As I sit down to write this blog on literacy I am suddenly disturb by the obvious inequalities that this piece of writing will showcase. My thoughts set to words, are written so that they may be read by an audience of those fortunate enough to be able to read them. My thoughts set to words, unfortunately exclude a large audience around the world, a number of whom I work with. This audience who cannot read nor write are deprived of a medium that most of us take for granted. Literacy for many is normalized and we forget the awesome power it enables us to have. I often take this ability for granted yet being afforded a position to work in Guatemala on educational projects helps to remind me that reading and writing is a gift that should be, but is not, possessed by all. According to UNICEF’s country evaluation for 2005-2008, over 25% of the Guatemalan adult population is illiterate, which to give a Canadian perspective is almost 25 times the rate in Canada.
During my time as Curriculum Development Officer with the local non-profit, Asociacion de Mujeres Ixchel, we have been trying to provide free community literacy classes for all those interested in learning to read and write in Spanish. From this work, I have had the honour of speaking with women who were open enough to share their own histories of learning to live without formal education. Many stories had similar beginnings; fathers who did not want their daughters to attend school, household obligations, schools that were too far and too costly to be sent to. And most have similar endings; embarrassment, marginalization, limitation, isolation and a desire to learn. These women have told me of their dual struggle with language barriers and illiteracy. They live in a country where their first language spoken, K’iche, limits their communication, in an officially Spanish speaking country. Normal routines like going into town, taking a bus, buying produce or asking directions are onerous and many feel dependant and avoid venturing off on their own. Even familial interactions like signing school forms or helping their children with their homework can be debasing and discouraging. From my work here I have learned the base line struggles that illiterate women face daily.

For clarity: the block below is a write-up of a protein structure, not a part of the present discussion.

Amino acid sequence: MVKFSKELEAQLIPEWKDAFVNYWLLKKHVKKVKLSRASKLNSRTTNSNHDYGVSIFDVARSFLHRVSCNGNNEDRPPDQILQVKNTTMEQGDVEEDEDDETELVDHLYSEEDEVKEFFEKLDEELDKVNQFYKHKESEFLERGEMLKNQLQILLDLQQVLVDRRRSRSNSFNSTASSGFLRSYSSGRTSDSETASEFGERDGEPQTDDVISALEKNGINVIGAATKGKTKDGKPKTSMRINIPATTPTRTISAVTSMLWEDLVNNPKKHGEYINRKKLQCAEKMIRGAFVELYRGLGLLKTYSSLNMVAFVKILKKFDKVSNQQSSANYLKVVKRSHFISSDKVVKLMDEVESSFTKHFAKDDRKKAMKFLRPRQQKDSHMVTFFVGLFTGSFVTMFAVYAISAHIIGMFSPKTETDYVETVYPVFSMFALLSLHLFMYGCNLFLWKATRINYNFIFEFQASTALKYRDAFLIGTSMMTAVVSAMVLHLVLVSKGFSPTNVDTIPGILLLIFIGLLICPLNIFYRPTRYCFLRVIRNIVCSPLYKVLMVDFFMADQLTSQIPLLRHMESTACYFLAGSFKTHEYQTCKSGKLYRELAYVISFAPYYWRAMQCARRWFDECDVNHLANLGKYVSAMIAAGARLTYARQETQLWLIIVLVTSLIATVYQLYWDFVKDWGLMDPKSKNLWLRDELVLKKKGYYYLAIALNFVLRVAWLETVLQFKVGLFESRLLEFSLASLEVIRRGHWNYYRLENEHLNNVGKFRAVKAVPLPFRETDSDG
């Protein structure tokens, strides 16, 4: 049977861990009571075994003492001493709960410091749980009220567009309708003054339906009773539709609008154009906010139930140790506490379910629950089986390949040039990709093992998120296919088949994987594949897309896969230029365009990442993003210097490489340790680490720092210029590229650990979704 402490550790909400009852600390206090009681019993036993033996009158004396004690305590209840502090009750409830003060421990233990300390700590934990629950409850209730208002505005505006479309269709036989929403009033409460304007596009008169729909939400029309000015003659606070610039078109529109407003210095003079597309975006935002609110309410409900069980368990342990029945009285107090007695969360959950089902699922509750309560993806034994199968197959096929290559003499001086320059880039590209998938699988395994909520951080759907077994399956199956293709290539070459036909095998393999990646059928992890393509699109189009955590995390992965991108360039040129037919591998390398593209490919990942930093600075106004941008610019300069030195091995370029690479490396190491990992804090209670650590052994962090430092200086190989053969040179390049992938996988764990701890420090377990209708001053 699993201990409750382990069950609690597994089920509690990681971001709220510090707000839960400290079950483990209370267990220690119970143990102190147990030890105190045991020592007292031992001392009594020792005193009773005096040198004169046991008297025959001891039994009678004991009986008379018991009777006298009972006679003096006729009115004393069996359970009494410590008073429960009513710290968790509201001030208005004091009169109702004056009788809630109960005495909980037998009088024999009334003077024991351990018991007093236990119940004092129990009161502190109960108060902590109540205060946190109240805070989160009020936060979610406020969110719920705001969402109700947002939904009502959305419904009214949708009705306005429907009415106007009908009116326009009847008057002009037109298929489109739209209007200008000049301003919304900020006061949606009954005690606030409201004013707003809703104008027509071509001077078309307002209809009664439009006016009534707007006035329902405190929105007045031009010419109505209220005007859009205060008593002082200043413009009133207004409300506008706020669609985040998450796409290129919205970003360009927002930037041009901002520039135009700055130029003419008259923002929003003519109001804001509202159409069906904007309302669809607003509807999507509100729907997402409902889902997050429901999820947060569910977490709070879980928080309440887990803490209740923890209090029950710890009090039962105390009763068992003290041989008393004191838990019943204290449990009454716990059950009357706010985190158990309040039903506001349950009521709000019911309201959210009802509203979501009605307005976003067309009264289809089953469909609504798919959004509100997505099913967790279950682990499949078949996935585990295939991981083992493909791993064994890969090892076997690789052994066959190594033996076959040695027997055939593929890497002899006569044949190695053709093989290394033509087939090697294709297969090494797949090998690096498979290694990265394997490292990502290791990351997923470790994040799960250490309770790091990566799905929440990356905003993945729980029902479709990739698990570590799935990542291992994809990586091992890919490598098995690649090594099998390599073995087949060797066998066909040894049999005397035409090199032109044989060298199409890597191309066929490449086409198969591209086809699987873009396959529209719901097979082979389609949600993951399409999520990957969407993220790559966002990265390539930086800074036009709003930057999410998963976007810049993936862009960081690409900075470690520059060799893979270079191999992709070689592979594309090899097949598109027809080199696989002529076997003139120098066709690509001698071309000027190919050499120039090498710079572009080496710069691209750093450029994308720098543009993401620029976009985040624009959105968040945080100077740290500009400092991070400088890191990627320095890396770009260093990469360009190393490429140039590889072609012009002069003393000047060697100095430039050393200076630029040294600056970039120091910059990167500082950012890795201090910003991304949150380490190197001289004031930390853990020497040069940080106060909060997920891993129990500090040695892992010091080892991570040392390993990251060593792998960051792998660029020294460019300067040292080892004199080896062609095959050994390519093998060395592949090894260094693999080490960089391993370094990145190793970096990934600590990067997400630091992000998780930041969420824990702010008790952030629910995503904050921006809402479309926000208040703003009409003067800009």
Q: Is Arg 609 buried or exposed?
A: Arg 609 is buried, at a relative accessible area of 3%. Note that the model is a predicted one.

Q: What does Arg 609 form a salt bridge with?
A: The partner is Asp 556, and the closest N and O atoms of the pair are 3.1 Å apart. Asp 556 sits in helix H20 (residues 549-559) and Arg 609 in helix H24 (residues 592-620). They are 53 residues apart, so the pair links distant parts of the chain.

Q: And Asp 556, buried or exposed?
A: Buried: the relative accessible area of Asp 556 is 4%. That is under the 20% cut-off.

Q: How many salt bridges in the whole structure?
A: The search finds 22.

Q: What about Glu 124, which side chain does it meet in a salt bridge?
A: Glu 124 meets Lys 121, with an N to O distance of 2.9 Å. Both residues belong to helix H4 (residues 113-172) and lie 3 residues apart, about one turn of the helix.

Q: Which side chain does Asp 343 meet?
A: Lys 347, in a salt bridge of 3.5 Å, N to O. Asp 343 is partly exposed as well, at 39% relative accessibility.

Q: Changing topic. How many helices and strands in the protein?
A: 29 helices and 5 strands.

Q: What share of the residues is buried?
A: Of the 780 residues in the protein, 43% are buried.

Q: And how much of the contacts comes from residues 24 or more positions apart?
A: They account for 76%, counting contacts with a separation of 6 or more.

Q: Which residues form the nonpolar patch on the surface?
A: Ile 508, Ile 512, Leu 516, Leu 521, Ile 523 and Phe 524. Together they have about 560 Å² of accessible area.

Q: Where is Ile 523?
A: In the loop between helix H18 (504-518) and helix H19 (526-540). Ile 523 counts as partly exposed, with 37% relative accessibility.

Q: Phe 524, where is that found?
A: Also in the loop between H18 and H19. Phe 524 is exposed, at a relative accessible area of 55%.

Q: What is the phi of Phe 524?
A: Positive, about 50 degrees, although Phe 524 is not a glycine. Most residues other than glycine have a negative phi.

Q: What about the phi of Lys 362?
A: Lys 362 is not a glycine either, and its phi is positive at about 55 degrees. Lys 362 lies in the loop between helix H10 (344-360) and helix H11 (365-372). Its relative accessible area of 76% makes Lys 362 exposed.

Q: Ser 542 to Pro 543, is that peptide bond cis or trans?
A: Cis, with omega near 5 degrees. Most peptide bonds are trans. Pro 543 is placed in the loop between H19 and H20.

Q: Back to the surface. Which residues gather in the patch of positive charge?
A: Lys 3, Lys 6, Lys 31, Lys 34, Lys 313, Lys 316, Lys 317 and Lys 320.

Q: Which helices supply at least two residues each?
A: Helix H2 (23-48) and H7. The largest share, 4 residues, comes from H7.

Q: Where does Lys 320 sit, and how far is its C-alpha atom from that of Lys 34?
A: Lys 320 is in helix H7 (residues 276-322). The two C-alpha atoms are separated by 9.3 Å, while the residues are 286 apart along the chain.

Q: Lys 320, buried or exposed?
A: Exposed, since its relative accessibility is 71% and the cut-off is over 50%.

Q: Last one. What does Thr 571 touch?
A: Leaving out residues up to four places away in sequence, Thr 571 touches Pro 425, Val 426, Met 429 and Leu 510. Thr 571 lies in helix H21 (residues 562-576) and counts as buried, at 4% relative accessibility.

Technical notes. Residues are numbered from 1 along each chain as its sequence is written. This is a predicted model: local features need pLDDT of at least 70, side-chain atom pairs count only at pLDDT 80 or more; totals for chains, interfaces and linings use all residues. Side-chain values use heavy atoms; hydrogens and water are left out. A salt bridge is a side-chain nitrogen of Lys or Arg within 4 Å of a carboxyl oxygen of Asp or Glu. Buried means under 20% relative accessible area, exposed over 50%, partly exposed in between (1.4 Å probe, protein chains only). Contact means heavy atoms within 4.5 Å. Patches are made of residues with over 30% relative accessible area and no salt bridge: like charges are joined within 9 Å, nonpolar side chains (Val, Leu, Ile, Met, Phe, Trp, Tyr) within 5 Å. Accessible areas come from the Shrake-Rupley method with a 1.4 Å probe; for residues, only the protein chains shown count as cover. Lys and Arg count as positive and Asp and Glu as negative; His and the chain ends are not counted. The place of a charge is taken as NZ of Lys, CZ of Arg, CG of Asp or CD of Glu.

Learning these individual stories helps to give a face to illiteracy and gives us pause to reflect on our own educational fortunes. Yet the more insidious face to illiteracy goes beyond the individual. It is a structural story, which impedes national development, delays women’s emancipation from oppression, impedes the inclusion of minoritized groups and leaves people debilitated, unable to improve their own or their families’ quality of life. I see daily how deeply illiteracy divides ethnicities, sexes and the rich from the poor in Guatemala. However, I also see the potential that literacy programs can have and the vast opportunities that await so many people who are eager to learn to read and write.
With that said, my experience in trying to harness this potential has been immensely difficult. I have had the challenge of trying to implement an open literacy program within the different communities that Asociacion de Mujeres Ixchel works with. This has been an eye opening personal and professional lesson that has been both bittersweet. Education is as complex as it is important and although the desire exists amongst the women and I to get this program up and running, everyday realities and logistical and financial conditions contribute to stalling our efforts. Finding the right time and space for our lessons has been trying because of the women’s burdensome workload inside and outside the home and due to a lack of communal settings for our classes. Distance and climate are issues as well. It takes over two hours to get to one of our communities and when it’s raining and the roads are washing out the idea of taking a pickup on unpaved roads up the side of a cliff becomes a deterrent. And in terms of teaching and learning; basic literacy can be very difficult task for adult in school for the first time students and for teachers lacking in resources. Yet, when frustrated with the progress I tell myself to pick up a pen, use my left hand (I’m a righty), and try to write my name. This is a quick reminder that the path to literacy will be long and demanding and as such requires time, sacrifice, hard work, persistence and a little faith. Moreover, in order for goal of literacy to be attained there must be a concentrated effort that seeks to unite forces from the micro-community based level to the macro-institutional level.
The concept of Education for All is easily touted but for this universal goal to be attained it must be reworked so that institutions and individual can better interconnect, collaborate and support one another. My program through CIDA and YCI is an example of how larger institutions are connecting with individuals locally. My hope now is that at the end of this internship I can say I collaborated in making the concept of Education for All a reality, which will allow this partnership to continue for time to come.
-Julia Rao, IYIP Intern, Guatemala 2011
YCI’s International Youth Internship Program (IYIP) placements are funded by the Canadian International Development Agency (CIDA). Our IYIP interns spend 7-9 months working with YCI’s partner organizations in Latin American, South America and Africa. The application process to become an IYIP intern is highly competitive. Applications for our 2012 internship positions will open in early November.
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